I paid a revisit to a burned over slope in western Washington. This is a slope that has a southwest aspect, is well within the rain shadow of the Olympic Range, and much of the slope is underlain by sand and gravel. Hence, a dry place that has remained a small prairie (small-prairie-at-discovery-bay). During a previous winter visit I had noted that madrones were growing from burned stumps. In the two years since the growth has continued. Fire clears out the competing trees and the madrone is well suited for this setting.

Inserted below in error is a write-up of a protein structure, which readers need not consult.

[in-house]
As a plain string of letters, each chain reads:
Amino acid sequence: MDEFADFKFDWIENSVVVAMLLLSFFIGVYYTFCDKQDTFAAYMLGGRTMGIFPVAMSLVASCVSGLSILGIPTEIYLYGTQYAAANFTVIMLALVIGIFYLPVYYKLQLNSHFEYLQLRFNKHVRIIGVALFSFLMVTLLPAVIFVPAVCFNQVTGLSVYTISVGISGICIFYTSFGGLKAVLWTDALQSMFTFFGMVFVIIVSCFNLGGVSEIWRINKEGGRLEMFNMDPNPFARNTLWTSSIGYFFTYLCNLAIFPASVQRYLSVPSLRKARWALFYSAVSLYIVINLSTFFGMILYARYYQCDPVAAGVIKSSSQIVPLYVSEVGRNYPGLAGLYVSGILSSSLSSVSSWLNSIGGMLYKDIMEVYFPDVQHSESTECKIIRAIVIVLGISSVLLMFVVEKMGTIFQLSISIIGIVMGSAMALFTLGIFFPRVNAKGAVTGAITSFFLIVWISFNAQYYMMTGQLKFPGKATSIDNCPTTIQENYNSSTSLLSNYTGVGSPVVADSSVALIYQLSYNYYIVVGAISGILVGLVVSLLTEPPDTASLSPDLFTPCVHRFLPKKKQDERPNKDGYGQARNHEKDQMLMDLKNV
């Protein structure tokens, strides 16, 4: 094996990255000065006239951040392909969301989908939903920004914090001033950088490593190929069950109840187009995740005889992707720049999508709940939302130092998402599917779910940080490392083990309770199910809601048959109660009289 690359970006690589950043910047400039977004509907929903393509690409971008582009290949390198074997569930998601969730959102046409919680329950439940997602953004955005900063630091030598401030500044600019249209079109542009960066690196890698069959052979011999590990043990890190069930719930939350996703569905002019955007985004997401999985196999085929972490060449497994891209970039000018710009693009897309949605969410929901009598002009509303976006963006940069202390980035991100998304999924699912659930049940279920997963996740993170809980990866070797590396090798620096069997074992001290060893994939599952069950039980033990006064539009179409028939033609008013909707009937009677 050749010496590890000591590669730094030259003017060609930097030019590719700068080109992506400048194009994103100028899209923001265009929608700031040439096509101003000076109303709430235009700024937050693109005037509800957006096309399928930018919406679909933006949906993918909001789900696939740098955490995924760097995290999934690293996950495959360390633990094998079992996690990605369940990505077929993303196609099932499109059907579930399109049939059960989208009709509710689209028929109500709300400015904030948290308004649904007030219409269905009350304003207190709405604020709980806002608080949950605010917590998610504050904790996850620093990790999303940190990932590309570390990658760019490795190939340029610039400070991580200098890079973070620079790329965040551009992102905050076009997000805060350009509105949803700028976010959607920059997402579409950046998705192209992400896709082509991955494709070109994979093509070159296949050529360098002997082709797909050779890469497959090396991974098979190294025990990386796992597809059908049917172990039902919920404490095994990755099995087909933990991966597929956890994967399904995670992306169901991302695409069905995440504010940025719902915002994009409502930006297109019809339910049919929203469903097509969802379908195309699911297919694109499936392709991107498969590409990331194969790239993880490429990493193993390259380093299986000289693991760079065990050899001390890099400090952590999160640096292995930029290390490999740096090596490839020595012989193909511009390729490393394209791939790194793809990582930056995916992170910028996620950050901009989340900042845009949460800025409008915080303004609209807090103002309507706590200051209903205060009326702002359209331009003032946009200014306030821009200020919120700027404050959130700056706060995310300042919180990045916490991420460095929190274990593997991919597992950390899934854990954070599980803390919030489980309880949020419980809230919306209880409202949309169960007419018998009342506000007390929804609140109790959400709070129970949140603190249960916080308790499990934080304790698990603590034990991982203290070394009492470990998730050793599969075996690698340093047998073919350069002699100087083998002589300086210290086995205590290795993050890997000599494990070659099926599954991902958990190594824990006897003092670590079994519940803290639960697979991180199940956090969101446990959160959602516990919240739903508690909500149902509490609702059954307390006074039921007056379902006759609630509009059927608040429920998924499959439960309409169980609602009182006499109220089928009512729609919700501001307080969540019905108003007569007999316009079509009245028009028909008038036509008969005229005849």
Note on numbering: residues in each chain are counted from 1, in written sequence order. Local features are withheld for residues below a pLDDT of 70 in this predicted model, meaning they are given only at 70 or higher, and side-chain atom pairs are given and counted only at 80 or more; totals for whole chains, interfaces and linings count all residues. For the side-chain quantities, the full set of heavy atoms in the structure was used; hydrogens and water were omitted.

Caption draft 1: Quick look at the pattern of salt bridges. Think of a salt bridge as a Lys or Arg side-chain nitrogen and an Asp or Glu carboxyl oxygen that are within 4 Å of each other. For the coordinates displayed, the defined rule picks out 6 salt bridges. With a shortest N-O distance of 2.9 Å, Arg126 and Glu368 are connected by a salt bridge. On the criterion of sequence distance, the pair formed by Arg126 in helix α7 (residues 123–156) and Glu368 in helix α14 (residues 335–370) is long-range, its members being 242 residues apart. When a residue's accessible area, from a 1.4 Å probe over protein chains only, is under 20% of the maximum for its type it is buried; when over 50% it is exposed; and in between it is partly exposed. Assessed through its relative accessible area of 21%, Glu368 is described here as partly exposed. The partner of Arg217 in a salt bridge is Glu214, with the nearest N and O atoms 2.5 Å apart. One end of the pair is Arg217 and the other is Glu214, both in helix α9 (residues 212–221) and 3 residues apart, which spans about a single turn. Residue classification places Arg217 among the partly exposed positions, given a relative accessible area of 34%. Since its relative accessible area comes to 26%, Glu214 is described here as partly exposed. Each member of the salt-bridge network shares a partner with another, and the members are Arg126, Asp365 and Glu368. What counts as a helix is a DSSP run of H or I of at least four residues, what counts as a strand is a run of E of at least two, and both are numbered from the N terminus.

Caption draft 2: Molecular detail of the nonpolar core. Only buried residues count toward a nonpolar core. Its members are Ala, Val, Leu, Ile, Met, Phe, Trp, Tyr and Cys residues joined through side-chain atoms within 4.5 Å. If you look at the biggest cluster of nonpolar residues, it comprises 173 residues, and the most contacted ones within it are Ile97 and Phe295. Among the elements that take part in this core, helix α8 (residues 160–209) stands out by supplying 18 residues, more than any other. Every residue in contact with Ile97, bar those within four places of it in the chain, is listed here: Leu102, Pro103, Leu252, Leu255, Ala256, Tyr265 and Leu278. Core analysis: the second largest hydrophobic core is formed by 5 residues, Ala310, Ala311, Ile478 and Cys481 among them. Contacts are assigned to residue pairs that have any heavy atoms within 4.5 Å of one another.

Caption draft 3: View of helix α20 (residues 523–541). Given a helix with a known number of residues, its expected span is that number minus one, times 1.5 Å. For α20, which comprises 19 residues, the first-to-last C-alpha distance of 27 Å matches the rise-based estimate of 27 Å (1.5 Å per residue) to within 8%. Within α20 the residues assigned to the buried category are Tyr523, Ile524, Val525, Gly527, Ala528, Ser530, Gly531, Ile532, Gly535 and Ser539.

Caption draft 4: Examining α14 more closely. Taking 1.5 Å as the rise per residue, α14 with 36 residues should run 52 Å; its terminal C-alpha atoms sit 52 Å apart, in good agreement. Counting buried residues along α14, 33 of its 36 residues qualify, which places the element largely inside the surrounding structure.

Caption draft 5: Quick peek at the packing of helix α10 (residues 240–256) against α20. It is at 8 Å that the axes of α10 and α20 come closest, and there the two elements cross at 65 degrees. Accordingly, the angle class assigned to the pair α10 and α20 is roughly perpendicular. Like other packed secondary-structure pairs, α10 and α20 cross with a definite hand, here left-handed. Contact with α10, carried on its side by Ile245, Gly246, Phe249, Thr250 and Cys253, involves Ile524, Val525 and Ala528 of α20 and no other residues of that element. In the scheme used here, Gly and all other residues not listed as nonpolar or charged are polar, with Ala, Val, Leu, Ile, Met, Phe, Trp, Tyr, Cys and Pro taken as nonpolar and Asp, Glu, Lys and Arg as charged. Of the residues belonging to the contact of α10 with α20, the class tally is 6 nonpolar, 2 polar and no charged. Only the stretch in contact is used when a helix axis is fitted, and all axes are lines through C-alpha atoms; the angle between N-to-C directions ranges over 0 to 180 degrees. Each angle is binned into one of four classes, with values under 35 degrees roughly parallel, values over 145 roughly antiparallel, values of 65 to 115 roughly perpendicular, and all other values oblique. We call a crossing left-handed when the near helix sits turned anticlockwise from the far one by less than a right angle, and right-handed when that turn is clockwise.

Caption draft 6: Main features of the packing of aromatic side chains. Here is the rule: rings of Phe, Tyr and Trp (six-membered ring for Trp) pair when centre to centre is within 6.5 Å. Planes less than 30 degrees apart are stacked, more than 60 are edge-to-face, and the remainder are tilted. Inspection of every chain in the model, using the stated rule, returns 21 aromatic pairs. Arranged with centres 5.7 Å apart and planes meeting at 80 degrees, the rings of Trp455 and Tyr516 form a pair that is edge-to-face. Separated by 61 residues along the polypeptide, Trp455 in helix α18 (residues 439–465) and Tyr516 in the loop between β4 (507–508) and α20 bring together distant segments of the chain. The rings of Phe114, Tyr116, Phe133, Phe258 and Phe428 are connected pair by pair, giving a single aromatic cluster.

This prairie has been long lived. A sketch image from the Vancouver exploration of this area shows a grass slope at the same location in 1792. I suspect that First Nations use of the area enhanced the frequency of fire.
It is nice the see that madrone (Arbutus menziesii) is thriving here much as it did in 1792 when Archibald Menzies described the tree in detail while visiting the bay. Hard to image he did not walk up this prairie slope examining and collecting plants while visiting in May 1792.